Is this really where I wanted to end up?  Is this the woman I thought I’d be?

My mind was consumed with thoughts of the past as I unloaded the dishwasher.  Memories of television and fake eyelashes and In Touch magazine photo shoots.  People doing my make-up and eating at fancy places I could never afford. I thought of poor Martha Stewart, who didn’t like us much, but had such fabulous collections of things and a bubbly, youthful laugh.  I thought of the endless cabs and the fleeting second of fame and what it was like to feel special in this world.

I yearned to live there, then.  The Big. Ol. City. where the lights were always burning and air thickened in the summer – a mixture of urine and exhaust and pure, uncut talent. “What’s a working girl to do?” I’d say to myself as I rounded 24th Ave, my future yet untold.  Maybe I’d meet my husband for drinks, or coffee, or try that new vegan place uptown. My hair would be blond and my legs lean.  It’s not like everyone can run off to the Hamptons when the temperature rises.  I’d gut it out.  Because I’m a southern girl, and I can handle it.  I’d find my place in that rat race, settling down in a nice hole somewhere, munching on crumbs.

I remember being on an interview, sitting down with a bunch of marketing executives on 6th Avenue, my first child belly-flipping around in my abdomen and making me nauseous.  She was just the size of a bean then.  I think she was trying to tell me something.

My son suddenly awoke from his nap crying, ruining my perfectly good daydream about Dean & Deluca chocolates.  His pacifier had fallen to the floor and tears were streaming from his red, tired face.  The moment I picked him up, his arms curled around my neck like I might leave him forever and this was our one last embrace.  His head of thick, blond hair buried into my chest, and he let out the most peaceful coo.  I stopped what I was doing, carried him to my bedroom, and let him lay on my chest for a solid hour and a half.  He turned his head and sighed and flipped a few times.  I think he was as happy as he ever was in his whole two years of life.  As I lay there, rubbing his back, I let my mind rest on what might have been.  Or what I might have missed.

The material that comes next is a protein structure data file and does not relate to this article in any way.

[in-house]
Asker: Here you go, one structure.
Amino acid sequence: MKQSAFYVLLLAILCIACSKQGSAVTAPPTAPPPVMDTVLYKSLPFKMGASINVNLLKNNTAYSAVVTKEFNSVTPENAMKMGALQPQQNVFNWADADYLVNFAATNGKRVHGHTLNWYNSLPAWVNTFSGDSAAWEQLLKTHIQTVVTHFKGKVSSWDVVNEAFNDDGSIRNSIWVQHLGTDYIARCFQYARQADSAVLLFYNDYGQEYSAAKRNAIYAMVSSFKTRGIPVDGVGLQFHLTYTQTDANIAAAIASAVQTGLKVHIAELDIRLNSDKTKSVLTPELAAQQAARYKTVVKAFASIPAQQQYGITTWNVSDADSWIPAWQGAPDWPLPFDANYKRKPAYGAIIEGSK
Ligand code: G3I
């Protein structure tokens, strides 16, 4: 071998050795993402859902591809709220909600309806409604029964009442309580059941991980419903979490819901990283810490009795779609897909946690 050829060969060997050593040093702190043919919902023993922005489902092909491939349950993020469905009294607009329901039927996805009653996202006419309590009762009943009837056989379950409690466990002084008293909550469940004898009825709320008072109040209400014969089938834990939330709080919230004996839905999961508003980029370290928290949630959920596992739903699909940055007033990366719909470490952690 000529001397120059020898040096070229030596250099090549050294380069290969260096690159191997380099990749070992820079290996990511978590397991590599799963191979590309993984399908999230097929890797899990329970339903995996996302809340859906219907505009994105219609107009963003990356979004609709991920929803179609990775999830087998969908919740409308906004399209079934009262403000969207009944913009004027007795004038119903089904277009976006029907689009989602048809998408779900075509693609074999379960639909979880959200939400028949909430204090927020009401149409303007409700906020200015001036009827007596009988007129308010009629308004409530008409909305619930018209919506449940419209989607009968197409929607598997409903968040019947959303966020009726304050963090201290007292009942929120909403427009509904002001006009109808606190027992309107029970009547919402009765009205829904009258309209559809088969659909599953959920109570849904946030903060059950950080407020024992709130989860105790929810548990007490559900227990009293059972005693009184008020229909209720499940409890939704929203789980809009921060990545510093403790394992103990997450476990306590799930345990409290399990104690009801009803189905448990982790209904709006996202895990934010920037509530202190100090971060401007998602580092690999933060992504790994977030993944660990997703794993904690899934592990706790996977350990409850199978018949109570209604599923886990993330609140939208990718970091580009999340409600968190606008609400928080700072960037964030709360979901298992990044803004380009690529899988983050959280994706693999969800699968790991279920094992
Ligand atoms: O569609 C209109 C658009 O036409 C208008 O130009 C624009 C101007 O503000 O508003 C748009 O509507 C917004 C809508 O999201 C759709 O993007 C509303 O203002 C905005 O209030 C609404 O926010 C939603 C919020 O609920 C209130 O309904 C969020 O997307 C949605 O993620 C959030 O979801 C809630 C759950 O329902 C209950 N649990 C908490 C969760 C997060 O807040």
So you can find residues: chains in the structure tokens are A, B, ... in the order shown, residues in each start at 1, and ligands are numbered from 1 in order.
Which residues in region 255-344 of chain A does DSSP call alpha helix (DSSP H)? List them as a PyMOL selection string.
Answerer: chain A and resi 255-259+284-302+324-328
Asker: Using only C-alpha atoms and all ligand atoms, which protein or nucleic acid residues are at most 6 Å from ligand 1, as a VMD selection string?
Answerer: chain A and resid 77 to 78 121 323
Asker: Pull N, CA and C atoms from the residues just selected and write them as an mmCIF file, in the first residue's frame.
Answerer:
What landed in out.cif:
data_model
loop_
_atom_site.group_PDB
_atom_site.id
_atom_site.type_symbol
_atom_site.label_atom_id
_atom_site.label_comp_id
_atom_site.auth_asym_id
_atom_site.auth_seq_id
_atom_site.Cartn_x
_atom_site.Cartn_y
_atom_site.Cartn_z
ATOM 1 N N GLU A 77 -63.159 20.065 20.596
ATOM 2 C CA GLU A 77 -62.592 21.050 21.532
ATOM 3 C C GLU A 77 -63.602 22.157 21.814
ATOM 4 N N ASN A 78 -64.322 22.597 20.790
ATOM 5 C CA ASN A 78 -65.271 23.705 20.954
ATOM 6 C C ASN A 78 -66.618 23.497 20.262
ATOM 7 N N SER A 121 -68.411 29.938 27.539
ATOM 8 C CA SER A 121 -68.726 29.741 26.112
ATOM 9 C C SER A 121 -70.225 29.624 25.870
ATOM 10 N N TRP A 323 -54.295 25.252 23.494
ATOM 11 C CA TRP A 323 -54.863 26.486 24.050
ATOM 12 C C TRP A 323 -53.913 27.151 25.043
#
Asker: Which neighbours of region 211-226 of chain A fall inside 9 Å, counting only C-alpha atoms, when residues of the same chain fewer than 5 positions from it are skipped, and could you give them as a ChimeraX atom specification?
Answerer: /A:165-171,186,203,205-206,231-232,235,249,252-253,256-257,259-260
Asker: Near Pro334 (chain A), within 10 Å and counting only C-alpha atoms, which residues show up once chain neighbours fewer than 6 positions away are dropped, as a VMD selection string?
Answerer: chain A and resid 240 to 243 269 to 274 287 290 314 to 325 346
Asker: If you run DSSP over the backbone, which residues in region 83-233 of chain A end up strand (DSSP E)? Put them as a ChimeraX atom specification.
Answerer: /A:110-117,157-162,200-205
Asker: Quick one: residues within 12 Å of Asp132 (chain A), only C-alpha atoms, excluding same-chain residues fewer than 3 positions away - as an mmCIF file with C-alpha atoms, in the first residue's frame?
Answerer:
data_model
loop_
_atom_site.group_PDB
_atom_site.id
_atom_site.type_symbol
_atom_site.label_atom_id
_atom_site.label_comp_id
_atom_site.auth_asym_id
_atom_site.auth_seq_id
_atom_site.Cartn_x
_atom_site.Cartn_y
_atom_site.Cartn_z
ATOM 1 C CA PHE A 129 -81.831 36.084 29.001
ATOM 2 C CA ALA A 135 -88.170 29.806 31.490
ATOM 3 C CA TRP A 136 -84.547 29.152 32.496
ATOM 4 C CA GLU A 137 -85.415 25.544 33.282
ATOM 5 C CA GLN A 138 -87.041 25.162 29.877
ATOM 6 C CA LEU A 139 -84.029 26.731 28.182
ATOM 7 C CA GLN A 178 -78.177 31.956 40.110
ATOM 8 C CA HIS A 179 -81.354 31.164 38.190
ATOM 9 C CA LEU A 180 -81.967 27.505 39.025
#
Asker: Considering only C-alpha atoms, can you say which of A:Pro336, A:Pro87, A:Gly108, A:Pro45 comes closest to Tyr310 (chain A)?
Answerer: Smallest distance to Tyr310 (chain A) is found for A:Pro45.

I chose this life.  You can hear the katydids screeching their evening refrain in the oaks and wonder if the tomatoes are getting enough water.  I eat farm eggs and bake bread on Mondays and hang clothes on the line.  Instead of going to court or summarizing deposition transcripts, I ask my husband about his day.  I make sure the toilet bowls are clean.  I find time to write. It’s the life I wanted, and one I fiercely fought to have.  But it’s not cosmopolitan.  No one cares if you wear designer jeans or have red underbellies to your high-heeled shoes.  No one in Austin even wears high-heeled shoes.  Why would you, when flip flops are much more comfortable, and you’re just headed out for Migas anyway?

My son woke up and we played the tickle game.  I did laundry.  I made macaroni and cheese with a breadcrumb topping.  My son wore one of my old hats and tried to dig ice from a Whataburger cup, which made me laugh.  My daughter and I stayed up late eating warm banana pudding.  My husband was out of town, so I let my daughter cuddle up in our down comforter with me, turning over sometimes in the middle of the night just to touch her arm.  Just to make sure she was still there.